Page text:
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There's a deep disconnect between what Americans know they should do financially and what they actually do. That divide is especially apparent when it comes to saving. According to new findings from Northwestern Mutual, 67% of the people surveyed by the financial services company consider themselves savers rather than spenders. Yet, more than half of those surveyed said they've racked up as much or more debt than the amount they've saved.
Other studies offer more evidence that Americans are having trouble setting aside money for the future. A 2014
Without a doubt, saving money takes discipline - and some of us are more disciplined than others. If you know you need to save but are having trouble actually doing so, there are several tools that can make it easy. We asked personal finance bloggers and money experts to share their favorite ways to automate savings. Here are their picks:
Digit. This free service takes the guesswork out of saving. You connect your bank account (yes, it's secure) to the online service, then Digit analyzes your income and spending habits to figure out how much you can afford to set aside in savings. On average, it transfers
J. Money, who writes the Budgets Are Sexy blog, has been using Digit since it debuted and already has saved about
A similar option is the SavedPlus app. When you make a purchase, it moves a percentage of the amount you spend from your checking account into your savings account. You get to choose the savings percentage, which can range from 5% to 20%. SavedPlus claims that its users save, on average,
Simple. Launched in 2012, this no-fee, interest-bearing online bank account lets you set savings goals and calculates how much you need to set aside daily to reach those goals. It doesn't funnel savings into a separate savings account. Instead, you create sub-accounts, so to speak, for your goals. When you log into your account, you'll see your actual account balance and your "safe to spend" balance, which are funds not scheduled for payments or earmarked for savings goals. So if you need help with budgeting and saving - but don't like the idea of a service such as Digit that automatically withdraws cash from your account - Simple might be the account for you.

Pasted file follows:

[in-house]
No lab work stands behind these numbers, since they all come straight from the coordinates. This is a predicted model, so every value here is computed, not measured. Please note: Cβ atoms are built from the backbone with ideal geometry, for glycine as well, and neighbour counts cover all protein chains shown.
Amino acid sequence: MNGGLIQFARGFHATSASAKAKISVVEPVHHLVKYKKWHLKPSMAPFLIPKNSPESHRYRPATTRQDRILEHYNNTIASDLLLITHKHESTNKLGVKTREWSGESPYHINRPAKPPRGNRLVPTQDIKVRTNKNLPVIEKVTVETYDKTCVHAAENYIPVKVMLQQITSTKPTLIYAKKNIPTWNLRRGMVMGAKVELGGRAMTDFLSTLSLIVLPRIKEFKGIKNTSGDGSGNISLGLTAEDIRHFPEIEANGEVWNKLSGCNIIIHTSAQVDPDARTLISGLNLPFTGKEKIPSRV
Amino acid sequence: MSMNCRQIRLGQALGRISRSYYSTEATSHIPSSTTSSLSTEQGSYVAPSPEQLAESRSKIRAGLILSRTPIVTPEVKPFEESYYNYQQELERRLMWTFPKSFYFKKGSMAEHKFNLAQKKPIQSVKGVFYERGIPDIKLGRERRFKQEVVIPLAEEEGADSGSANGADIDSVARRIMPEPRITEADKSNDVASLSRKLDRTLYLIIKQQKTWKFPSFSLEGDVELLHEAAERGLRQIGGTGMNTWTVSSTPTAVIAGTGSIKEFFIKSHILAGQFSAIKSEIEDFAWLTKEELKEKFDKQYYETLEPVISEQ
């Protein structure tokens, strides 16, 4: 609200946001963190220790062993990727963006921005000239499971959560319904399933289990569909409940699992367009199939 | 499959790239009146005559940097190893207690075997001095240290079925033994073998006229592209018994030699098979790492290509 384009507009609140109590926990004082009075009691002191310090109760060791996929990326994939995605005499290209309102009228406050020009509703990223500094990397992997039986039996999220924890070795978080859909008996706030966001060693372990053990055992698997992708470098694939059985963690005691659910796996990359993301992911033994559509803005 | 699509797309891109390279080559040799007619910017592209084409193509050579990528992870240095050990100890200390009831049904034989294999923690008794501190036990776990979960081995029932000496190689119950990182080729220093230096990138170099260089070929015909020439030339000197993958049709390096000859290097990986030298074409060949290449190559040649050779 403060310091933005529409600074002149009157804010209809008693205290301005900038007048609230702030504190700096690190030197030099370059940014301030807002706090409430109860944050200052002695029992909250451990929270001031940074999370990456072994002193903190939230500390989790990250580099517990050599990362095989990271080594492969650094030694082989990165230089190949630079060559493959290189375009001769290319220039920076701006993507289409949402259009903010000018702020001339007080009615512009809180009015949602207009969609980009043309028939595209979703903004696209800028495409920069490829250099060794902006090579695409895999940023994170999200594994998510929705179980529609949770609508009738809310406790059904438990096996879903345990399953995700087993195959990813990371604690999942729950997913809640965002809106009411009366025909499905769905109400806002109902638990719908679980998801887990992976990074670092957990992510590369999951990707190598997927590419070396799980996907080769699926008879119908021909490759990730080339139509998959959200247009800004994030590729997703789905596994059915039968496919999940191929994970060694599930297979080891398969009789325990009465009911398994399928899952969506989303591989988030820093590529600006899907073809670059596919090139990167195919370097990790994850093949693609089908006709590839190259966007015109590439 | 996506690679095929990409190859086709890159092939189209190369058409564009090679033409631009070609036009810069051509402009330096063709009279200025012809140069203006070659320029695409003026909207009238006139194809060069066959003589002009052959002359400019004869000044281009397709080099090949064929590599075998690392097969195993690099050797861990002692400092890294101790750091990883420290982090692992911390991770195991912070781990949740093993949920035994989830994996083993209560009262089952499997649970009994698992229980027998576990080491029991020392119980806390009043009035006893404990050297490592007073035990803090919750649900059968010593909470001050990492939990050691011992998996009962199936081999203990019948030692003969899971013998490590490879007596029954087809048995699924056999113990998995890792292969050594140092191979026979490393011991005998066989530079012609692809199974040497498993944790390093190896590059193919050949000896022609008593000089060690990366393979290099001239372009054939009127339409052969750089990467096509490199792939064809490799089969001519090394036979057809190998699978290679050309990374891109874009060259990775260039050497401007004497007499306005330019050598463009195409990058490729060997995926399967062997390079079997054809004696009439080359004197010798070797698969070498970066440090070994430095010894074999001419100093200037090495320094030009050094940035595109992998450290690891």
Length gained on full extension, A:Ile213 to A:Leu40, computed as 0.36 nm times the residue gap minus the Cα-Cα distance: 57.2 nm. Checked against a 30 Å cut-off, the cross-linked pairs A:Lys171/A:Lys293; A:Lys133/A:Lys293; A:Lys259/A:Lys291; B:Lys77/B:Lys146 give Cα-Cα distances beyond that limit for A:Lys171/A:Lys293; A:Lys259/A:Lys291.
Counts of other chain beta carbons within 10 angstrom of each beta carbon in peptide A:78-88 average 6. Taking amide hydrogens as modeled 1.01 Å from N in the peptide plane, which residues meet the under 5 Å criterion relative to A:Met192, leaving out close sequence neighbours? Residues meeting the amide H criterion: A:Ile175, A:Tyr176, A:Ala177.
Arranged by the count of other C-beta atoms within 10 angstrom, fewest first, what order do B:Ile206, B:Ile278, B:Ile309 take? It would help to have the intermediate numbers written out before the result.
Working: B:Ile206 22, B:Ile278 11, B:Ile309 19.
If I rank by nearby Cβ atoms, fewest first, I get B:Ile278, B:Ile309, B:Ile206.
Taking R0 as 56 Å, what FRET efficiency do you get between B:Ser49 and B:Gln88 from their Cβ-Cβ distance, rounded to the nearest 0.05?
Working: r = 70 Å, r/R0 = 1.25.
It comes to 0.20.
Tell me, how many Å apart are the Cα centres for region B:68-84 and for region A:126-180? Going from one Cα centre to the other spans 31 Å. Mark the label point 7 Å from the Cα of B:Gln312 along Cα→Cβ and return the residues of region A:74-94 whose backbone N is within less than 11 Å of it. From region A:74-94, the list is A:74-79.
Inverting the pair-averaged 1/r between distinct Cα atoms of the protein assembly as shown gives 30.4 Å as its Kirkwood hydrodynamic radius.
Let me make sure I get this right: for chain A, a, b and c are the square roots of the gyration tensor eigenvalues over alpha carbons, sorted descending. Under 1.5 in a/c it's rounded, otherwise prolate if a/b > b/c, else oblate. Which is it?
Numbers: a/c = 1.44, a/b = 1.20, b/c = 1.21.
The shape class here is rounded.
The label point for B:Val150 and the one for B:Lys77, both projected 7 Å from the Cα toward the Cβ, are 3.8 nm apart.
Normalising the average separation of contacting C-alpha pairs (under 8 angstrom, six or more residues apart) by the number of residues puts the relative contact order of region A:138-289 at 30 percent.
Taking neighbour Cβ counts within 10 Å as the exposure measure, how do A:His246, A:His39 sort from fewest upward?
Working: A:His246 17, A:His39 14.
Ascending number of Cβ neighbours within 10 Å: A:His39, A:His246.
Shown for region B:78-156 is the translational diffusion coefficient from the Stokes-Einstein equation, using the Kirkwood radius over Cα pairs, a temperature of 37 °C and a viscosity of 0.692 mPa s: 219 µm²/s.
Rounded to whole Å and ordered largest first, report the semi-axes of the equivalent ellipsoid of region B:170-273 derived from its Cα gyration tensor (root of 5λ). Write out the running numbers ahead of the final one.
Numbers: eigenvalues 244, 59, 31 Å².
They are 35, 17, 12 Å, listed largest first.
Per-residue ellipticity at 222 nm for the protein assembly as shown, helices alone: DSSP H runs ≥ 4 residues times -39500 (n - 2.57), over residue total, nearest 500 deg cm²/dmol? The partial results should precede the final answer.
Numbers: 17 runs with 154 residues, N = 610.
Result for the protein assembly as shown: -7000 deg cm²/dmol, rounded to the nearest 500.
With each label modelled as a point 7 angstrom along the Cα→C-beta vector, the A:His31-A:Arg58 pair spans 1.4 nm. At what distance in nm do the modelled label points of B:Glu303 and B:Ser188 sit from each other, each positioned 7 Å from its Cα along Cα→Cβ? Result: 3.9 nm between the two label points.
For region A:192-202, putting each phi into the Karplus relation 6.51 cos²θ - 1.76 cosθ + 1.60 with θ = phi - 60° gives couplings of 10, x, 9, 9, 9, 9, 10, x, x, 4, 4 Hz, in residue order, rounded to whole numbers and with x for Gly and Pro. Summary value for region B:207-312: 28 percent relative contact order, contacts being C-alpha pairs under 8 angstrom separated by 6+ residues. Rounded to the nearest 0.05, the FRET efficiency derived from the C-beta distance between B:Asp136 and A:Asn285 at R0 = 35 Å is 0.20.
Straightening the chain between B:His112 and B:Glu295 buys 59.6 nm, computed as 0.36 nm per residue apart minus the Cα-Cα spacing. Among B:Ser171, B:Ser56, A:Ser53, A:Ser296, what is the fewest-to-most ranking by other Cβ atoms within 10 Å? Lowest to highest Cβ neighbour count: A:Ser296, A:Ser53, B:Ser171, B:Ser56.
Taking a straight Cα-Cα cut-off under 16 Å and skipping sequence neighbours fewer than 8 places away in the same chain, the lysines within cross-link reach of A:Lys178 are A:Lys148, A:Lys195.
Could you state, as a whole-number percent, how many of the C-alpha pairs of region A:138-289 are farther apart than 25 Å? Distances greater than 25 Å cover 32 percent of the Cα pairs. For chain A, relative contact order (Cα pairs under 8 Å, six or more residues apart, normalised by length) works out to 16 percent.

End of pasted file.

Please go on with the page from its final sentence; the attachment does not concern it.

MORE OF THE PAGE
Acorns. This mobile app for Android and Apple devices invests your spare change for you into a diversified portfolio of index funds. You link the app to your credit or debit cards. When you make a purchase, it rounds up the amount you paid to the nearest dollar. Once your spare change adds up to
Betterment. This Kiplinger pick for best of the online investment advisers is a great tool for people who want to invest but don't have the time (or experience) to actively do so. You can deposit a lump sum or have monthly deposits automatically withdrawn from your bank account. Then choose savings goals - such as retirement or buying a house - to get a suggested portfolios based on your time horizon, risk tolerance and how much you need to save each month to reach those goals. Plus, Betterment rebalances your portfolio, reinvests your dividends and offers tax-loss harvesting (selling losing securities to offset capital gains and reduce taxable income). In short, it aims to take the guesswork out of investing and saving. Annual fees range from 0.15% to 0.35% of your account balance.
Copyright 2015 The Kiplinger Washington Editors
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